Alan Manhire had been patrolling his town's rural streets for three years when he was suddenly struck down with a brain haemorrhage.
And it all started after waking up in the middle of the night and noticing strange vehicles in the streets of Mayfield, near Ashburton, that spurred a sudden urge to protect local businesses.
While not a business owner himself, he's a truck driver for Ashburton Contracting Ltd, he didn't like seeing the few businesses and homes in the town getting struck by burglars.
But Manhire's good deeds have now come at a huge cost to his family.
His wife, Deb, said he suffered a brain haemorrhage during the stress of trying to catch two guys who had just robbed the Mayfield Service Station of cigarettes.
It's means he's off work and unlikely to get back behind the wheel for at least 12 months, due to NZTA guidelines, and even then a neurological assessment would need to be carried out.
He's currently recovering in Ashburton Hospital.
Deb Manhire was now worried how they would survive financially so she'd set up a Givealittle page to help them get by as he recovers.
She said the buzz her husband got in helping prevent a robbery of the local dairy three years ago, spurred him on.
Even from his hospital bed, he had told her that he would get back out on the streets once he was well enough.
Being a truck driver with odd shifts, he was often up early anyway, so would take the time to spend either 10 minutes or half an hour making sure all was well in his area before going to work, or when he woke in the middle of the night.
Local police had told them the black market for cigarettes had been the driver for an increase in crime, especially during the past three months.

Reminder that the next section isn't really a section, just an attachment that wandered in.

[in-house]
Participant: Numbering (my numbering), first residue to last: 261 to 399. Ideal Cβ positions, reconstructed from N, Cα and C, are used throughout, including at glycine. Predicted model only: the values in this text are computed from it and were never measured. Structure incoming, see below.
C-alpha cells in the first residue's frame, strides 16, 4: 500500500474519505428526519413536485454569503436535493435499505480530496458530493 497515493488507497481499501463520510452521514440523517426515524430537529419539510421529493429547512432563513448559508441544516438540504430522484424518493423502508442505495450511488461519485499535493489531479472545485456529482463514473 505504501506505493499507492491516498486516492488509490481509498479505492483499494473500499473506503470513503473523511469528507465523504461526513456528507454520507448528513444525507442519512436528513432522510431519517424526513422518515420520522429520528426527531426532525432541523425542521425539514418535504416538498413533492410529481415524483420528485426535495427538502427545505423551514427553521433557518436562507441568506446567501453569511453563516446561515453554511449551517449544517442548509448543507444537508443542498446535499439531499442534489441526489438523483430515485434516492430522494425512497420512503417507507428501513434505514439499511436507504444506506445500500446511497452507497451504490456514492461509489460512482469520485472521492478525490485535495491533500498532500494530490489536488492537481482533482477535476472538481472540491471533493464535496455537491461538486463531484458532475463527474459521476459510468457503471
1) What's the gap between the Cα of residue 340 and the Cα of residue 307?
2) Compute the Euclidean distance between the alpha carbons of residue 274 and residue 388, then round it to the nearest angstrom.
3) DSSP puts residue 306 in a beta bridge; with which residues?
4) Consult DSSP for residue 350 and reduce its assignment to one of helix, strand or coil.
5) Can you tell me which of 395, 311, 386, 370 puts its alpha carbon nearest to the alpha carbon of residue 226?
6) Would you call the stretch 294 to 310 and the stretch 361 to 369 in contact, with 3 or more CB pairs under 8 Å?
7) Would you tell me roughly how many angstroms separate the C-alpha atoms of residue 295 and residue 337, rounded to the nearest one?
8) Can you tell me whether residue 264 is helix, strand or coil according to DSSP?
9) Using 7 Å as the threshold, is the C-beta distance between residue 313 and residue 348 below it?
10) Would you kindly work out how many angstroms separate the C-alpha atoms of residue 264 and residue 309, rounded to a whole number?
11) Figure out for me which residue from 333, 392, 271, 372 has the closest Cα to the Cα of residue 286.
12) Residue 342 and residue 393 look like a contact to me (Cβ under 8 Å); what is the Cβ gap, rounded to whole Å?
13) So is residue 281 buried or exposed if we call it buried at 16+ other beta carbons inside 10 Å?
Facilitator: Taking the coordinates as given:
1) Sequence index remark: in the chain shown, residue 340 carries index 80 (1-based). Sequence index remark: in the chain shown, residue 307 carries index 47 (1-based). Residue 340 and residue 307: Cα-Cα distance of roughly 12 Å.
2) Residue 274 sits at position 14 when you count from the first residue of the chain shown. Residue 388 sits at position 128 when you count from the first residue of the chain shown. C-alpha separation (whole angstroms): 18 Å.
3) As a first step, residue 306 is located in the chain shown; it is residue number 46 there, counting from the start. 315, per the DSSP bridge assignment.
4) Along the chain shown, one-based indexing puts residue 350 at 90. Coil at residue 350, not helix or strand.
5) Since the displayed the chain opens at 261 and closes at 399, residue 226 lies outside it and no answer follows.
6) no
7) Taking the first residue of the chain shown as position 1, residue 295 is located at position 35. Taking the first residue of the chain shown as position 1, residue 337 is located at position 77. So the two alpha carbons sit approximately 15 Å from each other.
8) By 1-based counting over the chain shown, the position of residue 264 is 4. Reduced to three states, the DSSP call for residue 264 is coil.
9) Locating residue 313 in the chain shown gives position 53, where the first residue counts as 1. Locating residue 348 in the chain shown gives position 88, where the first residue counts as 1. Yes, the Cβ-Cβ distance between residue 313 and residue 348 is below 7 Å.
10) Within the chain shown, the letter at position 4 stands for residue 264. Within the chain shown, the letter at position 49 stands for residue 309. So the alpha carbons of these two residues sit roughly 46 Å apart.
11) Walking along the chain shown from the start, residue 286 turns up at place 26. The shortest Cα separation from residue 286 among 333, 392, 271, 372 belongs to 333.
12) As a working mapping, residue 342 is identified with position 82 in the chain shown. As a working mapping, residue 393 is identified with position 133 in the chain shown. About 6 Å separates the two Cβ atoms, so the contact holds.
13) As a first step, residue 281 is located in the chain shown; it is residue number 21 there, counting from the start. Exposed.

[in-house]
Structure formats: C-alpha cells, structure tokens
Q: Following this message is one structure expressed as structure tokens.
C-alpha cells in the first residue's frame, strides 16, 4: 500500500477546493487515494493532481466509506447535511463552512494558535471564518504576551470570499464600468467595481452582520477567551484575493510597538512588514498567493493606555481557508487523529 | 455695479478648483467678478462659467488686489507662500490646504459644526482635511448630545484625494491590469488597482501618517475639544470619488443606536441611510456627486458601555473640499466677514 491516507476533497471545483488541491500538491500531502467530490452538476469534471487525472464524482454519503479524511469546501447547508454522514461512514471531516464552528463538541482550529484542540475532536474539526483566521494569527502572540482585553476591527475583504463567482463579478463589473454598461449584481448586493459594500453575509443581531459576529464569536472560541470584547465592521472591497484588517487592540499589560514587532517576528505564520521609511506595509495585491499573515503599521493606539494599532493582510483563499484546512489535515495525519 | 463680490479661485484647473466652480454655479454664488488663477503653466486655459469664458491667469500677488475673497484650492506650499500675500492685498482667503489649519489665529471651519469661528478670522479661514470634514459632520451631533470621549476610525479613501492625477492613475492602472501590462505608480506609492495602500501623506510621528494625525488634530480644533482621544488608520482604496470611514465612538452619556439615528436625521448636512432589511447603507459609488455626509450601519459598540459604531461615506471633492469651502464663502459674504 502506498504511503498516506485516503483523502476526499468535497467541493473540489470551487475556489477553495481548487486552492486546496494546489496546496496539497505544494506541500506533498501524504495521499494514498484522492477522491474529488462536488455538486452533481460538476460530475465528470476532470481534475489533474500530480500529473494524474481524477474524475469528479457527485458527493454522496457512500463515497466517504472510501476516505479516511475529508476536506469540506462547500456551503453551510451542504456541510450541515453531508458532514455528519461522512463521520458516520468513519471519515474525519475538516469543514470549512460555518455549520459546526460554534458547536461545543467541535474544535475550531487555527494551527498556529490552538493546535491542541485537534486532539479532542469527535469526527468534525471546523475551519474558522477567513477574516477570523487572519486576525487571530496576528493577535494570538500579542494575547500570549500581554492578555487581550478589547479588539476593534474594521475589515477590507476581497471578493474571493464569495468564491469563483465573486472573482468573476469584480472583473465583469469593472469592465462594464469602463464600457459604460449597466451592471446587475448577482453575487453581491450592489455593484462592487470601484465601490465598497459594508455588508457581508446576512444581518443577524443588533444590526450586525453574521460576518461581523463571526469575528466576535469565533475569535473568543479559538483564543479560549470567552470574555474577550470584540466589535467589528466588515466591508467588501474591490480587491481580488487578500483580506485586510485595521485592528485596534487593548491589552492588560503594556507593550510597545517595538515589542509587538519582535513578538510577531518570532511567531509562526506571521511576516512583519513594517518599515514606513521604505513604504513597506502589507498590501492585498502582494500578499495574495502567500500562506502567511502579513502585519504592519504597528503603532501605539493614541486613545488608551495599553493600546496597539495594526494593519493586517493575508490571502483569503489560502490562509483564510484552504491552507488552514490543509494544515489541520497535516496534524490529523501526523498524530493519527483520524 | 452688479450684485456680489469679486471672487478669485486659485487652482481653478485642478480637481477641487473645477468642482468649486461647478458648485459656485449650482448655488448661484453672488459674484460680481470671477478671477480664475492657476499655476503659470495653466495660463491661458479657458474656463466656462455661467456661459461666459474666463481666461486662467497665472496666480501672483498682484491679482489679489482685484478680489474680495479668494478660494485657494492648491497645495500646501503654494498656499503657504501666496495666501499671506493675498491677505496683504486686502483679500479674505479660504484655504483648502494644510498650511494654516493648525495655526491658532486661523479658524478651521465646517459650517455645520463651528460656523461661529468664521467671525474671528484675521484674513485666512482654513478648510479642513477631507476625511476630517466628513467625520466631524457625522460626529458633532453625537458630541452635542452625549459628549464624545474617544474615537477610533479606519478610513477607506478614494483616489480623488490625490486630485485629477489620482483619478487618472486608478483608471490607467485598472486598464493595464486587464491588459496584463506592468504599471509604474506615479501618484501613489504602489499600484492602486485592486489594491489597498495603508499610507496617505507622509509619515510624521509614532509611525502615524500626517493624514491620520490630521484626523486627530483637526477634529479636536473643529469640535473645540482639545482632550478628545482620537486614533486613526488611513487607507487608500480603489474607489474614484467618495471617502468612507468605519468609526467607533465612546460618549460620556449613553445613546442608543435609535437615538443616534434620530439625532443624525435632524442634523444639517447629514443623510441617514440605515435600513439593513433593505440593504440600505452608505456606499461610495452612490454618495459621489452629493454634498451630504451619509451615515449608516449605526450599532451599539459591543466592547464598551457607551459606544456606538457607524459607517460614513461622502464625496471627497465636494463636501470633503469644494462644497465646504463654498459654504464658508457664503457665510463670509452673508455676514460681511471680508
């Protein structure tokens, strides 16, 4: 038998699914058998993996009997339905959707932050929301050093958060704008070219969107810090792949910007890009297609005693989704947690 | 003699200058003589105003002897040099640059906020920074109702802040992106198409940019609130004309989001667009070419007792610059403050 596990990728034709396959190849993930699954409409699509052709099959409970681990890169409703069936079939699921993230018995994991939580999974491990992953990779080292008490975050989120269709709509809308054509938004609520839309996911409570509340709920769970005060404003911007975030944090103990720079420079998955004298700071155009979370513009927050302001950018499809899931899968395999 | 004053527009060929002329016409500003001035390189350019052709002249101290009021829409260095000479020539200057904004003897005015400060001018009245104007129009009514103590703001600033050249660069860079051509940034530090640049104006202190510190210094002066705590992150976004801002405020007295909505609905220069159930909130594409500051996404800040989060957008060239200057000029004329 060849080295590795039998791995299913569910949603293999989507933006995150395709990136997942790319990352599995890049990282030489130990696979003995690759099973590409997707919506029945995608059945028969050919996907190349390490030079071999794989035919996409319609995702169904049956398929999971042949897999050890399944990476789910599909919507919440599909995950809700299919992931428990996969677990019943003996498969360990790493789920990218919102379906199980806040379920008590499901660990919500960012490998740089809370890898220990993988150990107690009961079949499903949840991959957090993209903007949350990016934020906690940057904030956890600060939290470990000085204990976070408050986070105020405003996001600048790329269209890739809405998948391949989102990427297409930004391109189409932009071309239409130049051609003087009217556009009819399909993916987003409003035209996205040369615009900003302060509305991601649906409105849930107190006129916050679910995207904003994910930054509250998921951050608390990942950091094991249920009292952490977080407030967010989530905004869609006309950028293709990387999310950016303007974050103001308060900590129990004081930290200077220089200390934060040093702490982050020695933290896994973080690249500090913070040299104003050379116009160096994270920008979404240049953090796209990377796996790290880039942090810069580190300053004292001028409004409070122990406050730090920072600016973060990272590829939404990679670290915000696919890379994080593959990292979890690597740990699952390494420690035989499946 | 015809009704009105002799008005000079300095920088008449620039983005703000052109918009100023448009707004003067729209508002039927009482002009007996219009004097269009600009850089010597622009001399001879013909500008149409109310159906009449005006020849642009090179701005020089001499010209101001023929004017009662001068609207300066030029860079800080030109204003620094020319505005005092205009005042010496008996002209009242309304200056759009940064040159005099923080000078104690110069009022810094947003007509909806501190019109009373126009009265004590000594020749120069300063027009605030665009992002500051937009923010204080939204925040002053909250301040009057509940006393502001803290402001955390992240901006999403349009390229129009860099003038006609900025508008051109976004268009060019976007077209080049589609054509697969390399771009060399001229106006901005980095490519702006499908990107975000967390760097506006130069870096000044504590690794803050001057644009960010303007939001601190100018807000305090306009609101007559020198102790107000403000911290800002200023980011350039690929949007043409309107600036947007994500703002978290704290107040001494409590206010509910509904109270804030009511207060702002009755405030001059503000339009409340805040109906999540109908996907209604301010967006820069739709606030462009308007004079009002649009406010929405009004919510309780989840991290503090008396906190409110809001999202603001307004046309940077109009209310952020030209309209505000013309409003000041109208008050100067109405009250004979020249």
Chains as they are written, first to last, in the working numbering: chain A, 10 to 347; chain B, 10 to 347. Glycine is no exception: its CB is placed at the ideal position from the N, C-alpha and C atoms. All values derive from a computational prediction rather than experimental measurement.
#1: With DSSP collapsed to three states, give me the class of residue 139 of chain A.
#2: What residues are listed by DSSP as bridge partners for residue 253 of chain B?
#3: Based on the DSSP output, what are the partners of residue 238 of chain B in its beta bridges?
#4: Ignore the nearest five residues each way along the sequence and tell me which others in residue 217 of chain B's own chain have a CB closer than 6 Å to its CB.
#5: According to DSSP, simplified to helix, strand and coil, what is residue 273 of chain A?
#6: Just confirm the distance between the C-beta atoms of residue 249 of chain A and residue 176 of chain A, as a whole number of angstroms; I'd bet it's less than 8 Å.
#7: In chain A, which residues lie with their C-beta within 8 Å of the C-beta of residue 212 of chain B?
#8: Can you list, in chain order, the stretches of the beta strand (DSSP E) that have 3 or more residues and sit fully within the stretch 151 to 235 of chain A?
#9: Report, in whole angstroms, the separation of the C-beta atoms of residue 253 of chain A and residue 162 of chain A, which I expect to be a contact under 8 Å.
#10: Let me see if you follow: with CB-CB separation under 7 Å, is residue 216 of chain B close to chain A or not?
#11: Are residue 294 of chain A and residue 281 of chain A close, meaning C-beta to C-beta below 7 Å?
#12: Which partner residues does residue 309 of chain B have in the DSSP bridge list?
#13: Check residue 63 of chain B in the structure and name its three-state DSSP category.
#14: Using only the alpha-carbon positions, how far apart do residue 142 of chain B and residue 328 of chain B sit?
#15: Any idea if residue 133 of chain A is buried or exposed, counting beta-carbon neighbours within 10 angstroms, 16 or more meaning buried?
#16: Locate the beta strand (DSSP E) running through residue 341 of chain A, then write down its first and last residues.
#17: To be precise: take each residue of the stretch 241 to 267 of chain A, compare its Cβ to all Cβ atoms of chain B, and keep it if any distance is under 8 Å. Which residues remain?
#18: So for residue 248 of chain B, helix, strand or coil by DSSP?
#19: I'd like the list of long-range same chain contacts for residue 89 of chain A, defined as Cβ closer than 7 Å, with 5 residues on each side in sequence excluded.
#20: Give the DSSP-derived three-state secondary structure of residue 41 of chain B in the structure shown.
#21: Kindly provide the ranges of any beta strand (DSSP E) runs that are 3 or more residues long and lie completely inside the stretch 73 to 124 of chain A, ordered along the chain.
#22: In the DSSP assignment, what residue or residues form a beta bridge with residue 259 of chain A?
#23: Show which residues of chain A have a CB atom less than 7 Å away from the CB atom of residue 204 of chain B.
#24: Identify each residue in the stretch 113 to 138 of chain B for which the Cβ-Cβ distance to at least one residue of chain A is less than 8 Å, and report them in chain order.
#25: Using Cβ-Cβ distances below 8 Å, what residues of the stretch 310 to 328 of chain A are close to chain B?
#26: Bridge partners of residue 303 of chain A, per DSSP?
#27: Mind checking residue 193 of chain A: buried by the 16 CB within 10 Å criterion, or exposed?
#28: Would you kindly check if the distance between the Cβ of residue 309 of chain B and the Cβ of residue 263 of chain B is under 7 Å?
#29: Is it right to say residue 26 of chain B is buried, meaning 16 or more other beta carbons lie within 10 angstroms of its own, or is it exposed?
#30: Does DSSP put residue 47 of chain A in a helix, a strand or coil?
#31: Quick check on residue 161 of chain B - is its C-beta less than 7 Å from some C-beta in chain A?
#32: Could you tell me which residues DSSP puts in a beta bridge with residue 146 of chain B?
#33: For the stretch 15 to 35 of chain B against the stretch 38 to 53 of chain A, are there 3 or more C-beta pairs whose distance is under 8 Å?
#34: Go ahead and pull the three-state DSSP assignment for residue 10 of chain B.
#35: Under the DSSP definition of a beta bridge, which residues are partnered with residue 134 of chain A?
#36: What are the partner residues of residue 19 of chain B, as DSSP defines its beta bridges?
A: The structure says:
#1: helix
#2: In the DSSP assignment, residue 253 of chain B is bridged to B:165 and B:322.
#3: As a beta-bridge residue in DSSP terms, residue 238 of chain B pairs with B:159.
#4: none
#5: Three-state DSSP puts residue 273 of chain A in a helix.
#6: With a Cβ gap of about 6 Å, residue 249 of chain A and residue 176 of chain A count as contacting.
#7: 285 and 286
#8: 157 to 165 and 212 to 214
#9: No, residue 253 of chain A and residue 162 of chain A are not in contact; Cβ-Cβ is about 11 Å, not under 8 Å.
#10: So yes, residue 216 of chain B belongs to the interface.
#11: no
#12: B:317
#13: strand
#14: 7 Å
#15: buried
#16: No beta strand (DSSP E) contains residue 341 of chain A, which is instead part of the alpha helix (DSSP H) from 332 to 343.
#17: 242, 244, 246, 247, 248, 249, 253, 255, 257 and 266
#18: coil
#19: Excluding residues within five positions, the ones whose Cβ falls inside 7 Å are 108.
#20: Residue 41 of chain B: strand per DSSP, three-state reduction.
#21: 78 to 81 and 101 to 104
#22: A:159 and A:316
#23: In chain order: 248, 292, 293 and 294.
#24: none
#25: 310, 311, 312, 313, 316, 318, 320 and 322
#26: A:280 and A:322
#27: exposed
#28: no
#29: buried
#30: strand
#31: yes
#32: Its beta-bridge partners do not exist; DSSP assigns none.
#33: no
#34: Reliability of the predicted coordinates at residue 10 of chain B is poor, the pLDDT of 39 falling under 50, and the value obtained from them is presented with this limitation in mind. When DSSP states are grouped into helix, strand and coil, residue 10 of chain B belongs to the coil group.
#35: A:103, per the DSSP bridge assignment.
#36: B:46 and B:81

One time he was questioned by a couple of undercover police, carrying out an operation in the area, wondering if he in fact was responsible.
Instead they learned he was not only the local night time crime fighting resident, simply out to make sure all is well, but the brother of a senior Canterbury policeman.
When asked why he didn't leave it to police to monitor crime, Manhire said there were simply not enough cops to always be in the Mayfield area.
While debilitating, both personally and financially, the brain haemorrhage wasn't so much of a surprise after Alan Manhire had been detected with high blood pressure during a routine health check at work.
However, the family had been disappointed he appeared to have been misdiagnosed by his local doctor who had attributed the blood pressure to a condition he already had, kidney stones.
Anyone wanting to donate to the family can head to: https://givealittle.co.nz/cause/alan-suffered-a-brain-hemorrhage-while-trying.